A £5 congestion charge to drive into and around Cambridge is being considered as part of a “once in a generation” plan to shake up how people travel.

Alongside the charge, the Greater Cambridge Partnership (GCP) is setting out plans for one of the largest ever investments in a UK bus network to provide £1 fares and more frequent services with longer operating hours.

The ‘sustainable travel zone’ road user charge is proposed by the GCP for private vehicles between 7am and 7pm on weekdays.

The charge will fund an improved public transport network in the future, with passengers paying £1 to travel in the city and £2 for journeys in the travel to work area.

The proposals follow the ‘Making Connections’ consultation run by the GCP last year which revealed that the public was supportive of improvements to the public transport network, as well as its aims to reduce pollution and congestion.

It also said that people who responded to the consultation were more in favour of road-based charges to fund the changes, as opposed to parking-based charges.

The GCP said the consultation showed a “preference” for the charge covering a larger area, but at a lower cost.

The proposals, which will be discussed by the GCP’s joint assembly on September 8, set out plans for private vehicles driving into, out of, or within the travel zone to pay a £5 daily charge between 7am and 7pm on weekdays.

Exemptions and discounts are being considered for some, including a reimbursement scheme for a number of groups and workers such as clinically ill NHS patients, NHS staff, social care and care home workers.

Minibuses and LGVs used by not-for-profit organisations may also be exempt from paying the proposed charges.

Transport director at GCP, Peter Blake, explained that a further consultation will be held to ask for people’s views on the exemptions and discounts.

“This is a once in a generation opportunity to create a world-class transport network for Greater Cambridge and the wider area to drive a real step change in the way we travel,” he said.

Details of how the charge zone will be operated have not yet been fully developed, but the GCP has said it is expected that ANPR cameras would be used.

The authority said that enforcement of those who do not pay the charge would follow usual traffic enforcement practice with an appeal process put in place.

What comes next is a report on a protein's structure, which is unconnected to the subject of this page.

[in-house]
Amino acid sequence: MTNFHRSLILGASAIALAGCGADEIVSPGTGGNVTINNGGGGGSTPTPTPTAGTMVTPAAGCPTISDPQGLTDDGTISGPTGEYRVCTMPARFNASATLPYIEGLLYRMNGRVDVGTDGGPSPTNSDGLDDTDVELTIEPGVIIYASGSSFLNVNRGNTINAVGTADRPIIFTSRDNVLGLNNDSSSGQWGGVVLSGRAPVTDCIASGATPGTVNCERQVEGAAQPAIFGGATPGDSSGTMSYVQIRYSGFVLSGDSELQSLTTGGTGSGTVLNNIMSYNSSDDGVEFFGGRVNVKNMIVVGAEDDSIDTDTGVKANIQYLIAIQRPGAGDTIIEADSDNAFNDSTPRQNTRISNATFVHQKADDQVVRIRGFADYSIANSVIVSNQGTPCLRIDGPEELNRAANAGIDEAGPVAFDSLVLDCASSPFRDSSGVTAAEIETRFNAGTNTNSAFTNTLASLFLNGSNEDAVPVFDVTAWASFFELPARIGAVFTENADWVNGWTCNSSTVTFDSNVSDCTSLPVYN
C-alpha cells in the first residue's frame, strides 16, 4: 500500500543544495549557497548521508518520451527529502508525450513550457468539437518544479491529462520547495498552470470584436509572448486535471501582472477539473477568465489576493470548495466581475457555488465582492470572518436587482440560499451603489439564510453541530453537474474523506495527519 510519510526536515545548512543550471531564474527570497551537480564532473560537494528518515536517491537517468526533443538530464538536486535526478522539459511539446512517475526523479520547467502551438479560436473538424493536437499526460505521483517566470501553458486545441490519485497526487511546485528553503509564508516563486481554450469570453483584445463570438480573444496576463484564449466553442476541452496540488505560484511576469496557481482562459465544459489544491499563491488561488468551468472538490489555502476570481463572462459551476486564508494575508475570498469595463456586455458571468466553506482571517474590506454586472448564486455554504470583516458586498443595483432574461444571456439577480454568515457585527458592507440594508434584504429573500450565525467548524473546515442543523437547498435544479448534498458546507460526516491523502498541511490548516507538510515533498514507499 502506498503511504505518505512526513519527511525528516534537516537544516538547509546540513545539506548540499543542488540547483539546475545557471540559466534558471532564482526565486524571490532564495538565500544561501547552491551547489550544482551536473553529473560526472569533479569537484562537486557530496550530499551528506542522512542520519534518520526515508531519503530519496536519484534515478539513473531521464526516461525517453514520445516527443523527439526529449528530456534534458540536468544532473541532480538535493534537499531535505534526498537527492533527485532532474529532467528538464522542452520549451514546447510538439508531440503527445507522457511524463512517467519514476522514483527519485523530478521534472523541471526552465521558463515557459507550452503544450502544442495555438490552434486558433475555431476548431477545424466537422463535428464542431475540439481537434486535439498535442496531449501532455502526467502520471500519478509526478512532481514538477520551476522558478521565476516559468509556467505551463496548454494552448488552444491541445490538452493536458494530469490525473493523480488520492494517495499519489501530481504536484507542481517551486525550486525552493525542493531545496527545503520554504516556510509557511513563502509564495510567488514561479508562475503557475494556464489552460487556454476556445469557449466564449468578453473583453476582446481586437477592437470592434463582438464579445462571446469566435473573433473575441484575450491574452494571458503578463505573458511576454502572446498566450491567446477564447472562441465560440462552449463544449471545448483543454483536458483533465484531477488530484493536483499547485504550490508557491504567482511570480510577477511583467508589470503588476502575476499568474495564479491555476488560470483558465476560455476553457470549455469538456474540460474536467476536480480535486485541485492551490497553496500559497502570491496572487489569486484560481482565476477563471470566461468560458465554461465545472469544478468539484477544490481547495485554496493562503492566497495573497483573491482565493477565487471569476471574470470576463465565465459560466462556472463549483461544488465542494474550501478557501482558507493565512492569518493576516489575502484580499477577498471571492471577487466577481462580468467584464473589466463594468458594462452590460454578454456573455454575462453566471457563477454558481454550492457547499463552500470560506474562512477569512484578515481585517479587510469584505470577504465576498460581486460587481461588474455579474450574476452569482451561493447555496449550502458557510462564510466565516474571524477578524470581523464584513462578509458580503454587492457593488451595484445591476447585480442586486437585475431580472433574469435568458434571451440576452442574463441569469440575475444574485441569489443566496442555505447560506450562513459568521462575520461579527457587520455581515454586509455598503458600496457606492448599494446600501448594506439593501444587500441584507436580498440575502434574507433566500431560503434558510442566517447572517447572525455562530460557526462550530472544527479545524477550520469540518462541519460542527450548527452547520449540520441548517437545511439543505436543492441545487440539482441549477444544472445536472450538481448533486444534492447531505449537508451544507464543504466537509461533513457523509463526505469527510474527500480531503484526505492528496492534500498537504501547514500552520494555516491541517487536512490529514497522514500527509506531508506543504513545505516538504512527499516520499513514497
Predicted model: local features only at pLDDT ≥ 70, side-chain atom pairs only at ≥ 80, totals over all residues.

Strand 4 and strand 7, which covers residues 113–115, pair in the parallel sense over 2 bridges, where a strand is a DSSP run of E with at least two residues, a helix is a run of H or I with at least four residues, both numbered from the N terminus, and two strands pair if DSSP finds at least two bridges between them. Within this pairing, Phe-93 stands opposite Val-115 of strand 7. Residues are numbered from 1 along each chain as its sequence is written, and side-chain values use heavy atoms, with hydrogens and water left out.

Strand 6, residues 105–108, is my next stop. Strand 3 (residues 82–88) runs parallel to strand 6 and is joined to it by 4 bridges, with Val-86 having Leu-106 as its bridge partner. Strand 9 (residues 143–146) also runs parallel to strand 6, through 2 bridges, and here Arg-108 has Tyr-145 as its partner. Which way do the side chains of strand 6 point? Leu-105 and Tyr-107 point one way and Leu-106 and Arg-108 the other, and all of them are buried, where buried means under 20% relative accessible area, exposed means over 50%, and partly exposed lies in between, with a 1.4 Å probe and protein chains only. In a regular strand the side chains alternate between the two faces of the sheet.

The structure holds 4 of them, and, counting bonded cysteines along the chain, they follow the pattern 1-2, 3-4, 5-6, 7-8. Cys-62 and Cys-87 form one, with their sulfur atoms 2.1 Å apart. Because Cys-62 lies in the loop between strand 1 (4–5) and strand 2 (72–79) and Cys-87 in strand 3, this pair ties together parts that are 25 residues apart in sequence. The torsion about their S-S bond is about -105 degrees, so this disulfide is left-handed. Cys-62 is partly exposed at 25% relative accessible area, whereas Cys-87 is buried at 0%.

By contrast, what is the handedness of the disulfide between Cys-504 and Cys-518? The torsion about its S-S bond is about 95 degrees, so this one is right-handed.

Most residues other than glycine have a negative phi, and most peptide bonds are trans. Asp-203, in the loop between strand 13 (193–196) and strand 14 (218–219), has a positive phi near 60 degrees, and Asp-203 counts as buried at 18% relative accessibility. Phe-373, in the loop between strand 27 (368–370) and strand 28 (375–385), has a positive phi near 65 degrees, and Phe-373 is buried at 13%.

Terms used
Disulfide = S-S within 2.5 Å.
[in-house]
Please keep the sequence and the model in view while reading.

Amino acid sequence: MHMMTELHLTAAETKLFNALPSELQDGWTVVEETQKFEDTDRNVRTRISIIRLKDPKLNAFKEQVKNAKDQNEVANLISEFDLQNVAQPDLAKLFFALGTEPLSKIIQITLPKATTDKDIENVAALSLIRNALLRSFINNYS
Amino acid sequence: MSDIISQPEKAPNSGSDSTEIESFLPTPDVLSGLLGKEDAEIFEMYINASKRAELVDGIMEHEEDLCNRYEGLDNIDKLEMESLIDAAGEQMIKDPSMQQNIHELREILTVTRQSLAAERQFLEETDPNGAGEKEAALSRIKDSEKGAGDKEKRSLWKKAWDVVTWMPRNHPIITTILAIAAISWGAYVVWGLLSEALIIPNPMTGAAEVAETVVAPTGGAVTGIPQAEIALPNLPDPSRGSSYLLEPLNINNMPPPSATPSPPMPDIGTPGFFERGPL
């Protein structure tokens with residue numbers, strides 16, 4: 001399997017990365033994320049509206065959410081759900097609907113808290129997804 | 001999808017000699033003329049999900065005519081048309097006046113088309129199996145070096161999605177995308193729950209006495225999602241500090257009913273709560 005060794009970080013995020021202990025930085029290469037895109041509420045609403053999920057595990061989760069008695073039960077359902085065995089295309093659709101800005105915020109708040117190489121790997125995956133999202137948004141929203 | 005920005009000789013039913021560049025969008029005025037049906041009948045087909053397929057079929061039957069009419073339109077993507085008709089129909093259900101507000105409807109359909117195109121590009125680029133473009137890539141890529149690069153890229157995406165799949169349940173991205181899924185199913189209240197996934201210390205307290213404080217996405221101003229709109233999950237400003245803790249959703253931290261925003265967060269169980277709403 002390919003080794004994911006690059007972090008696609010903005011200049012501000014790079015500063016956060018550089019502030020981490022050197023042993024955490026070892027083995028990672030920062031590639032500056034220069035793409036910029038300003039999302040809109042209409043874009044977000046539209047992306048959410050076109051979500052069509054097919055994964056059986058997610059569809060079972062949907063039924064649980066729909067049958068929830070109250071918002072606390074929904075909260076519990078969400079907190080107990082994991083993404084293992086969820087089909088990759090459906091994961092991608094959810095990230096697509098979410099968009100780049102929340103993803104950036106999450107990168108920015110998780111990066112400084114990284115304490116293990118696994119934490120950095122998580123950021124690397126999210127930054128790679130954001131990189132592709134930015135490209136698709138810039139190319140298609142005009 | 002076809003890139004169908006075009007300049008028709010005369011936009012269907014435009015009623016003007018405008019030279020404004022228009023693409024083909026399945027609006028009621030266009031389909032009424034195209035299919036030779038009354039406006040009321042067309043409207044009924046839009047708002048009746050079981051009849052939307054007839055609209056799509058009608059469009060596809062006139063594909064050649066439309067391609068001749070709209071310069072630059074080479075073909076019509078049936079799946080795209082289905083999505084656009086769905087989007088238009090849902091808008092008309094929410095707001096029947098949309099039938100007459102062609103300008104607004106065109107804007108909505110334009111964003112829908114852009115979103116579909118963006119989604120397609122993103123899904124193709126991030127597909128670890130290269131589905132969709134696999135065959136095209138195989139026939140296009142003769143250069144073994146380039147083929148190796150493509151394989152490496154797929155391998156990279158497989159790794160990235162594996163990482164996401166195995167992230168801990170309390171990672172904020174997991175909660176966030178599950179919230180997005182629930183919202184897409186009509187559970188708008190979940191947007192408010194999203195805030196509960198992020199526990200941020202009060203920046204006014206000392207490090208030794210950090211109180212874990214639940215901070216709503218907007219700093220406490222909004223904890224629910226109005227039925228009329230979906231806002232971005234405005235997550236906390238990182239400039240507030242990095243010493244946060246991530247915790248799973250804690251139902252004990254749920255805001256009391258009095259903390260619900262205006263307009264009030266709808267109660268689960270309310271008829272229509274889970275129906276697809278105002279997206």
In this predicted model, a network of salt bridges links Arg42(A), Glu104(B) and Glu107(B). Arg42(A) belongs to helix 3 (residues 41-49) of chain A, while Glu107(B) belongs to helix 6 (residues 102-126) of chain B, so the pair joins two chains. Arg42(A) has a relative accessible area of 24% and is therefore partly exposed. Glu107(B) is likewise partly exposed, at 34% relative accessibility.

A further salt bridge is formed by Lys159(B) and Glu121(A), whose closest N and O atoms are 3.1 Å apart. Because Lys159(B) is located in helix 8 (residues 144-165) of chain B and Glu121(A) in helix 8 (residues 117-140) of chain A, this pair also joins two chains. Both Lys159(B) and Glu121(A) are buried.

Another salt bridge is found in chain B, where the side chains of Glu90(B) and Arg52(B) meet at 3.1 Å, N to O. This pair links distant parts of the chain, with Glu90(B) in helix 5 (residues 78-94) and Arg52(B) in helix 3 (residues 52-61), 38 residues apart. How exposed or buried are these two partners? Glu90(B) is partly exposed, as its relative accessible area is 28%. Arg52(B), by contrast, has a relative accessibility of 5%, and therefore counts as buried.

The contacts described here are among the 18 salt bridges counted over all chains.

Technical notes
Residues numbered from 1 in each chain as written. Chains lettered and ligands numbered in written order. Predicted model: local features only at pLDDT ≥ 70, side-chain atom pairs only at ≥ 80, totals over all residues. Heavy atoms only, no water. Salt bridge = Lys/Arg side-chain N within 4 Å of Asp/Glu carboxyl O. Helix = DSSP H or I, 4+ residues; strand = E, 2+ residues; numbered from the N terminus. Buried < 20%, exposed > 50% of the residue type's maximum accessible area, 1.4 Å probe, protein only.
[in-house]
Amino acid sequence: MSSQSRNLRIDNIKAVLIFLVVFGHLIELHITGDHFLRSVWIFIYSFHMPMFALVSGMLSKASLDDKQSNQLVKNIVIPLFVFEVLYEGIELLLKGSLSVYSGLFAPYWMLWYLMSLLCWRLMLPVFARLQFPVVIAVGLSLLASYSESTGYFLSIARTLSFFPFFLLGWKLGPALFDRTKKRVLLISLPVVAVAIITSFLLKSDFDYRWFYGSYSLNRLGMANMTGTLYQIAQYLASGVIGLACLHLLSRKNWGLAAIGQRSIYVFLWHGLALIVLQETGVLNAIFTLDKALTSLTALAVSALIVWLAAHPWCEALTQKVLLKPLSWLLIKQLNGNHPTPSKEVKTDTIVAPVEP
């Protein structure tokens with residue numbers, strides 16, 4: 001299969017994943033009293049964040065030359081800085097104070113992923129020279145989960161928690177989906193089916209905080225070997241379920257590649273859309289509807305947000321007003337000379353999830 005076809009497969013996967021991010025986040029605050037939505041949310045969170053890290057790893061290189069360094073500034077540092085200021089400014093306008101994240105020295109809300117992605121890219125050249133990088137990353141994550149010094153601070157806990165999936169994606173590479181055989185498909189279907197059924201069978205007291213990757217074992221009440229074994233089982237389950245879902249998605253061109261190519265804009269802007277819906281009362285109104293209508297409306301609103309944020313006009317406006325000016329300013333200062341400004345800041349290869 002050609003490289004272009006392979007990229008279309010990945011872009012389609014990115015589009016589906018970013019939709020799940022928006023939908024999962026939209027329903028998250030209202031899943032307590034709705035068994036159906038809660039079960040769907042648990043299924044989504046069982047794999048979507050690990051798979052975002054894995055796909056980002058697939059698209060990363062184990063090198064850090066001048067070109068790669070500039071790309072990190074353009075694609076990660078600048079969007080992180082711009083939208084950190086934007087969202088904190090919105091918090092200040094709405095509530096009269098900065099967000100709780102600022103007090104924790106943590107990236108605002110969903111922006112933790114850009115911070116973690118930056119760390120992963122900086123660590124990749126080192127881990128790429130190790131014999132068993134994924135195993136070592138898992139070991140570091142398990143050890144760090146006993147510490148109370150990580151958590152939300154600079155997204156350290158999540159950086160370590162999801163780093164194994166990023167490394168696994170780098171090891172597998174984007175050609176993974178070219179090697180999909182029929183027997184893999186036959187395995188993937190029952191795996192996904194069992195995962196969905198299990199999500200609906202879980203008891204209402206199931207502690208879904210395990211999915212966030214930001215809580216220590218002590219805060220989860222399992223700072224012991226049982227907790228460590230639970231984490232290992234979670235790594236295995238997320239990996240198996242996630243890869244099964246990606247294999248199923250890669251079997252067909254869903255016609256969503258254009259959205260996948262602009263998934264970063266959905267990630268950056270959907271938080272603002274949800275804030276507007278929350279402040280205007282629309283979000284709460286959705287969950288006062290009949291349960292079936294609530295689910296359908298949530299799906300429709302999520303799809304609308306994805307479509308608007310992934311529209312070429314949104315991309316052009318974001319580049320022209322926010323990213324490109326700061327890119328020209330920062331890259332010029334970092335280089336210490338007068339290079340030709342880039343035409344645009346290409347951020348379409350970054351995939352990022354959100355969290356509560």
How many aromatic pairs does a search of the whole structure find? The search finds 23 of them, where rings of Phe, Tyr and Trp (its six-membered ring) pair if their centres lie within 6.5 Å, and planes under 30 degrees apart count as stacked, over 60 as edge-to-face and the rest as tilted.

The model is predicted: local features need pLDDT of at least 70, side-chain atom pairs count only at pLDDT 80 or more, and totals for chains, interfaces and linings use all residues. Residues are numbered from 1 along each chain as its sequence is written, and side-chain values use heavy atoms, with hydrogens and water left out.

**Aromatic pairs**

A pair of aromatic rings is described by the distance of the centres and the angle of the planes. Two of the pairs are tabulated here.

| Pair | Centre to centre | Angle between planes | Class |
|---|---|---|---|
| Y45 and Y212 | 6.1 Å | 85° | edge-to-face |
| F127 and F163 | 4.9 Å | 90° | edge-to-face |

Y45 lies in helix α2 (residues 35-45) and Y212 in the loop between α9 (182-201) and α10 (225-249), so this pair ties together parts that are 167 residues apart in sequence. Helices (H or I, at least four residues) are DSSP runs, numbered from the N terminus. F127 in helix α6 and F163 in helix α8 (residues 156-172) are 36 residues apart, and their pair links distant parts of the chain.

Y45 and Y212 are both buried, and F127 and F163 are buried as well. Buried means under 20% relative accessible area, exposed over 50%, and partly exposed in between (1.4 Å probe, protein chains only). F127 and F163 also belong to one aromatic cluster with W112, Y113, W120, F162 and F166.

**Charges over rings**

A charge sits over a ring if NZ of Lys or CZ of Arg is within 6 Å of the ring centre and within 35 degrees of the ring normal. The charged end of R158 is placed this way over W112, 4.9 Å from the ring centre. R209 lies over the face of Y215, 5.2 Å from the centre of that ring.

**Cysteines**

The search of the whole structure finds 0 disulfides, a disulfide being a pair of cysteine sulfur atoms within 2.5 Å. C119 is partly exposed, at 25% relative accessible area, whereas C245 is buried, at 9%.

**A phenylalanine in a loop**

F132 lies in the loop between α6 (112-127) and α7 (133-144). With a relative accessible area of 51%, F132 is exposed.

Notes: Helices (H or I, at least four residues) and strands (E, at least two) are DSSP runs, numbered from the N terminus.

Alongside funding the public transport improvement, the GCP is hoping the charge would also cut the number of people driving in the city.

A congestion charge will ultimately need to be approved by Cambridgeshire County Council.

Mr Blake explained that following the consultation, the GCP will make a recommendation to the county council, but the highway authority will need to approve the plans.

The public transport improvements include new bus routes, additional orbital and express services, and a huge increase in rural coverage, with buses supported by Demand Responsive Transport.

Mr Blake said the routes were published on the map and give the assurance they could be delivered.

“We’ve listened to the views of the public to create a future bus network with cheaper areas, more services to more locations, and faster, more frequent services with longer operating hours to make public transport a reliable and competitive choice for everyone,” he said.

The plans also include longer operating hours from 5am-1am Mondays to Saturdays and 5am to midnight on Sundays.

More frequent services are also planned, with six to eight buses planned every hour along key route corridors within the city and from market towns, as well as hourly rural services.

Alongside the increased services, the partnership has set out plans for passengers to pay a flat fare of £1 in Cambridge and £2 in the wider planned network.

The authority also set out ambitions for the entire bus fleet to be zero-emission by 2030.

A tap on and tap off system and fare cap is proposed, and there are also plans for additional ticket types to provide discounts for group travel and for specific groups, such as students and apprentices.

Under the current proposed timeline, the GCP is hoping to start delivering the bus improvements from next year, and is planning to look at introducing the travel zone charge from 2026 to 2027.

Mr Blake stressed that there was a “clear demonstrable commitment” that the public transport improvements would come first, adding that £15million has already been committed for public transport improvements.

Mr Blake said the upgraded services could continue to be funded in the future, saying they had ‘done the maths and it added up’.

“We can make park and ride services in Cambridge much earlier and much later in the evening,” said Mr Blake.

“We can’t flood Cambridge now with more buses because it will bust, but what we can do is incrementally make these changes.”

He said logistically doubling the bus network was “quite challenging”, which is why he said the hope was to start “as soon as possible”.